Date of Award

2011

Degree Type

Dissertation

Embargo Date

10-6-2011

Degree Name

Doctor of Philosophy (PhD)

Department

Accounting

Advisor(s)

Ravi Dharwadkar

Second Advisor

Ravi Dharwadkar

Keywords

Corporate Governance, Strategic Management

Subject Categories

Accounting

Abstract

In this dissertation we collate a unique hand-collected dataset of 417 IPO firms for the 2001 to 2004 period, and study the effectiveness of governance and signaling mechanisms at an IPO. In chapter 1 our main contention is that current management research on IPOs has primarily looked at how corporate governance variables like board composition and ownership structure affect IPO underpricing, while largely overlooking the implications of these governance structures for long-term liquidity. This is a significant oversight, given the many benefits to IPO issuers from having a liquid stock (e.g., reduced cost of capital, increased external monitoring etc.). We find that both pre-IPO ownership structures and the degree of underpricing affect aftermarket liquidity. More specifically, the information advantages of large ownership reduce stock liquidity, while increased liquidity following greater underpricing underlines a key benefit of underpricing that has been previously ignored. We are therefore able to present a fuller picture of pre-IPO ownership and underpricing and their long term performance implications. In chapter 2 we look at how signaling at the time of IPO certifies firm quality and helps address the adverse selection problem for uninformed investors. We contend that classifying signals according to common characteristics (like cost) has significant managerial implications in terms of whether, when and how much firms need to invest in developing signals, and how these decisions are likely to influence subsequent firm performance. We then contribute to the literature by proposing a typology of signals based on whether signaling costs are incurred upfront (default-independent) or whether they depend on future profitability (default-contingent). We argue that this definitional distinction highlights more fundamental differences in the underlying characteristics of the two signal types in terms of cost, clarity, consistency, commitment and visibility. Only default-independent signals usually possess these desirable characteristics, making them more powerful determinants of firm value than default-contingent signals.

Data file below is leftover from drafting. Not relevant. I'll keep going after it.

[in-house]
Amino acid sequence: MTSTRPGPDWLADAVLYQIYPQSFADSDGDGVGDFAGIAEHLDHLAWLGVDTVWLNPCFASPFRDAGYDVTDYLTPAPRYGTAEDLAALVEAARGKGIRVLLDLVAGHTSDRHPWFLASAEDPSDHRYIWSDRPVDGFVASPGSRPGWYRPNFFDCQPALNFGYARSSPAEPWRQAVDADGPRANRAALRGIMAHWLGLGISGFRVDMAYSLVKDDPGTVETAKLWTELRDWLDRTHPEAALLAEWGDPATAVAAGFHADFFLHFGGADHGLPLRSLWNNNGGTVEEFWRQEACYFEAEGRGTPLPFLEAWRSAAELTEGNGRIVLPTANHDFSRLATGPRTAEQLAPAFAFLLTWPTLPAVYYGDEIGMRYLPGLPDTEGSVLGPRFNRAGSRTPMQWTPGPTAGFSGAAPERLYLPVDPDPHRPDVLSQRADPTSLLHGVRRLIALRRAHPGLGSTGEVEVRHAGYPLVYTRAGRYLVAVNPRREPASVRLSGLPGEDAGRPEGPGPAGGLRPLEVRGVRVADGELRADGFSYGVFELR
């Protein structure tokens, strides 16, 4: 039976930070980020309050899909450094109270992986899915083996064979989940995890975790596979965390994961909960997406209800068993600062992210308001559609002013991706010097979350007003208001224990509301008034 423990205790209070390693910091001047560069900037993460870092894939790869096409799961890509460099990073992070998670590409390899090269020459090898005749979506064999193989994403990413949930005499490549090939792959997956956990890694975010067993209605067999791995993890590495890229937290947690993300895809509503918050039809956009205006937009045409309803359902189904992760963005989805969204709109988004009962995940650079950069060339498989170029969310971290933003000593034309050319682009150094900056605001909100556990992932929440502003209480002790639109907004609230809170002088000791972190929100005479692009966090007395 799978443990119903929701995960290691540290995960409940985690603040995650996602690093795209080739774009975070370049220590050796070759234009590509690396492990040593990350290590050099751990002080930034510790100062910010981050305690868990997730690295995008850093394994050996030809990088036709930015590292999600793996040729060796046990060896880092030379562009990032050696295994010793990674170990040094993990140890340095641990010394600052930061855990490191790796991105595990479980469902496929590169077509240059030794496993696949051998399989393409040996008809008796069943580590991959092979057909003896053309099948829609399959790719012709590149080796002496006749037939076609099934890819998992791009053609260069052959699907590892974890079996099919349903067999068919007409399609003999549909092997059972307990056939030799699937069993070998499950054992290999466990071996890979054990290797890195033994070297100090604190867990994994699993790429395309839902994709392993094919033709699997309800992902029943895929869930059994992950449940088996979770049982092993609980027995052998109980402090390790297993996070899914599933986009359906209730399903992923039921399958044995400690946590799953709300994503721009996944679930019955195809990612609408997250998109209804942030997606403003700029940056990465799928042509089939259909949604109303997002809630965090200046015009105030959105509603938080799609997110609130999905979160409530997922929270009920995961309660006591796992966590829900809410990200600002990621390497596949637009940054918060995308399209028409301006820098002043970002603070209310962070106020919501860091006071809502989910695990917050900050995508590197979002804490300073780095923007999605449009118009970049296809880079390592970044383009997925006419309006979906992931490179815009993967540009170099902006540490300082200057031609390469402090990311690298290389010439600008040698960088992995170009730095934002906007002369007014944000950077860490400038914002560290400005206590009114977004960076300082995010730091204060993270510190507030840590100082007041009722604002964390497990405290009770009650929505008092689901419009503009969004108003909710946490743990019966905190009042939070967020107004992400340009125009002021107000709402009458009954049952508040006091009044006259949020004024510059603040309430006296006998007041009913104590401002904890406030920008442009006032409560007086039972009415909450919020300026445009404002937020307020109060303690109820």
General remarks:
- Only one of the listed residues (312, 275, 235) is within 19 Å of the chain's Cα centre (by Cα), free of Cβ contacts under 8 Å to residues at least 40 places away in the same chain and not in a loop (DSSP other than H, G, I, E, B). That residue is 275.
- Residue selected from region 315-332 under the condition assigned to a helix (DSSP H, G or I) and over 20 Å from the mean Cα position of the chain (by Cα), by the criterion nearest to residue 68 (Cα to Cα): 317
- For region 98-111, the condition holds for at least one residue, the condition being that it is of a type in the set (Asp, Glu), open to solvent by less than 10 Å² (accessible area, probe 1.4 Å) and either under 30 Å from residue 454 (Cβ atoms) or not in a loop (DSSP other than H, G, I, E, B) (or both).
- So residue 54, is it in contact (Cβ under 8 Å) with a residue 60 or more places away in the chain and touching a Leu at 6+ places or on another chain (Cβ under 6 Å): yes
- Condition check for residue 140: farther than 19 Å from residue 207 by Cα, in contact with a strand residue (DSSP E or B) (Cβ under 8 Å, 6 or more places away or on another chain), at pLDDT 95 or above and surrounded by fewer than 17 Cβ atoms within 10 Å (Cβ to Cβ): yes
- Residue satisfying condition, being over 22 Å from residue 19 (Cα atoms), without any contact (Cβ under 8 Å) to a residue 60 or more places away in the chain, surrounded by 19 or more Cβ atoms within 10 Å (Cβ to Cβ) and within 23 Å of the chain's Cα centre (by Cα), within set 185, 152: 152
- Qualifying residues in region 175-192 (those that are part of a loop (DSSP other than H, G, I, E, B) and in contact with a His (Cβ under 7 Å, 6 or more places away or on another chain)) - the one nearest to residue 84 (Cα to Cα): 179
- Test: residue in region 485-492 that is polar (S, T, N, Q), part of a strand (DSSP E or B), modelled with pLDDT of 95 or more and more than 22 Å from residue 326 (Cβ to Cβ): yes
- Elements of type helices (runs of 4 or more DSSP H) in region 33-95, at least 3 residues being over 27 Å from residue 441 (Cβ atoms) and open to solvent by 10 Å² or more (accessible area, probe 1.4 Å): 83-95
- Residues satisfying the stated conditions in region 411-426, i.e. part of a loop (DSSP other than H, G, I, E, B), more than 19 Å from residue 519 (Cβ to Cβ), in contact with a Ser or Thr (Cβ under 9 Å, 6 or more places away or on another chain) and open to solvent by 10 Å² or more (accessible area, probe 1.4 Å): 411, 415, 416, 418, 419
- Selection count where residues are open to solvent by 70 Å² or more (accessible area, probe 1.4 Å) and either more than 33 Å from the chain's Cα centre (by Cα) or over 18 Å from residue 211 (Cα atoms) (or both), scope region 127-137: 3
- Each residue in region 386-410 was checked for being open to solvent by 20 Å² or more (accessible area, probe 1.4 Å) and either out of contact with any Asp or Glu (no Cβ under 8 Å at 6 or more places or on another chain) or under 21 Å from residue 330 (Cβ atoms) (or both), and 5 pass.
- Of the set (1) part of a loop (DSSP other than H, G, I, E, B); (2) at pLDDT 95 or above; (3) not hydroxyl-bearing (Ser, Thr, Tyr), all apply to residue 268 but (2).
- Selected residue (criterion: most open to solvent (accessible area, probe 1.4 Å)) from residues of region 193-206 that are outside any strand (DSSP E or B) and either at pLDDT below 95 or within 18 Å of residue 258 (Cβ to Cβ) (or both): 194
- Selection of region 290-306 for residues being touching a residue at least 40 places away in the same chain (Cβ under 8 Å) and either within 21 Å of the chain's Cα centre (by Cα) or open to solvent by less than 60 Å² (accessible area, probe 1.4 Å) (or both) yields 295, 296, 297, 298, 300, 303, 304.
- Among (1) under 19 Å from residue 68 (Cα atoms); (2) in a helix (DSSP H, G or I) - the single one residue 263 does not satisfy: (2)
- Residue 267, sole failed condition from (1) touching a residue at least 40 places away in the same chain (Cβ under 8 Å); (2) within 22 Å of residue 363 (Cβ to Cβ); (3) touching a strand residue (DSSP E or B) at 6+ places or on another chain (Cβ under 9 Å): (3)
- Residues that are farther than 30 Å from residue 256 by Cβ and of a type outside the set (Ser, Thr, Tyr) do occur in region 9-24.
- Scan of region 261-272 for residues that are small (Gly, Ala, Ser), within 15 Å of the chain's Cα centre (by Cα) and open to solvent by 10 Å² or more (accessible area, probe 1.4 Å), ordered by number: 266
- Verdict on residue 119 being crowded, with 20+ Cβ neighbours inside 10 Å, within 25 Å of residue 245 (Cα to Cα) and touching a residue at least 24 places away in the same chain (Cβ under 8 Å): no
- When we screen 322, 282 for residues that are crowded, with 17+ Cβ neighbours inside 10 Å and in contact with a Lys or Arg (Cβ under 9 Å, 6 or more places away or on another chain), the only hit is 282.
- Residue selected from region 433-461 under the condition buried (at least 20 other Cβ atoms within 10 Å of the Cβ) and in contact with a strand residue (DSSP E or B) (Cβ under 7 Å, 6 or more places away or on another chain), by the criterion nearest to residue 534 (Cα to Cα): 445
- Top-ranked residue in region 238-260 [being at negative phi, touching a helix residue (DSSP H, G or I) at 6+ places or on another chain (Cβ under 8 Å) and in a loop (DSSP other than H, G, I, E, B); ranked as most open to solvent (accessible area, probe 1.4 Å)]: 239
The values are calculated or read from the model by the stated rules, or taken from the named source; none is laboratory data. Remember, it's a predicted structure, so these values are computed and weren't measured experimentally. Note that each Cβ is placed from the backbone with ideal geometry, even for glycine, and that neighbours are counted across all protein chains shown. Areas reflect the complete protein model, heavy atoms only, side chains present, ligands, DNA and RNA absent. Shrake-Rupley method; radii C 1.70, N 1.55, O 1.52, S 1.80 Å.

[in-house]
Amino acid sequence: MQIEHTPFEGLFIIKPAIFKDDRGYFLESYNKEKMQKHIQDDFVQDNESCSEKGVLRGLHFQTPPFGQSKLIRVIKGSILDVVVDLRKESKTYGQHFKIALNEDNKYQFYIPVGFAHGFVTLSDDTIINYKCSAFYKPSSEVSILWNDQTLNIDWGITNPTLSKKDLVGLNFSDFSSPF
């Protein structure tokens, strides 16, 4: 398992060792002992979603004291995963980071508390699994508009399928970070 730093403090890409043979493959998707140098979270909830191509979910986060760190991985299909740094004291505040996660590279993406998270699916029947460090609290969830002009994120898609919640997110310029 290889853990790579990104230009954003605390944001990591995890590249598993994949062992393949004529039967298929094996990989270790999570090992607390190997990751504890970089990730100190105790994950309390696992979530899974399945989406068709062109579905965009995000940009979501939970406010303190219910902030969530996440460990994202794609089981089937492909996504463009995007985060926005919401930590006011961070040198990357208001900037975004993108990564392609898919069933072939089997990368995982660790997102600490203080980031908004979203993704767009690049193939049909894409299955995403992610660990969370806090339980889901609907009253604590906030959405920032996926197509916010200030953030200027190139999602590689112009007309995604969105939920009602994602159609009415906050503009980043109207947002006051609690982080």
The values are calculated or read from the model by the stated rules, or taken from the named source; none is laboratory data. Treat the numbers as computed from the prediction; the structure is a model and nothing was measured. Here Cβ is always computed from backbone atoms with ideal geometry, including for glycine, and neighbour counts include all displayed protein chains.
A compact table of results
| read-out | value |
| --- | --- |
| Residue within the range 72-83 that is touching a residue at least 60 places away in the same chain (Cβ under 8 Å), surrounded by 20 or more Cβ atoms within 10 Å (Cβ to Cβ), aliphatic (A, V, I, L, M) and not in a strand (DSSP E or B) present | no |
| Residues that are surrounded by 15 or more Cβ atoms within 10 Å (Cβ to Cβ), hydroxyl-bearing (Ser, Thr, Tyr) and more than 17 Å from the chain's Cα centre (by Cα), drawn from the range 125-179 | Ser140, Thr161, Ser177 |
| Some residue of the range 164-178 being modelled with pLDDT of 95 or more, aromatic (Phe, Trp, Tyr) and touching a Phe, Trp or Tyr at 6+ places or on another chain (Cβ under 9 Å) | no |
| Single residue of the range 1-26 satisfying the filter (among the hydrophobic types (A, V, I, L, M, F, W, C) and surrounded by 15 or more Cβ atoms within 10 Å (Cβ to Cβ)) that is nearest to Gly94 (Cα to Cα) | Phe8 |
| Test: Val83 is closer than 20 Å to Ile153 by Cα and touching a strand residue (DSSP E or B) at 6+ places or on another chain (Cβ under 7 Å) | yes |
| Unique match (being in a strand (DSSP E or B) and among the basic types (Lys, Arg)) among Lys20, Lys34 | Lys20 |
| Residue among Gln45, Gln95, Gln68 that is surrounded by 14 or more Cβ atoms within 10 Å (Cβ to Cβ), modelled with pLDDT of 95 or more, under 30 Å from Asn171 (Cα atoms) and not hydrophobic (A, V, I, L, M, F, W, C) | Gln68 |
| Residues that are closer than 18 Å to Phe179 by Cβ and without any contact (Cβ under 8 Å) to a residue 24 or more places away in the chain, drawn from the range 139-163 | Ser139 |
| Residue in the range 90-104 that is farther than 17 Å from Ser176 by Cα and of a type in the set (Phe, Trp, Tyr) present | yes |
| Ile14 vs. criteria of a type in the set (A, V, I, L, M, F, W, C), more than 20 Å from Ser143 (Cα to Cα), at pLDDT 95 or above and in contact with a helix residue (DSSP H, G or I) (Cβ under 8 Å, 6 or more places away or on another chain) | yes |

Access

Open Access

Included in

Accounting Commons

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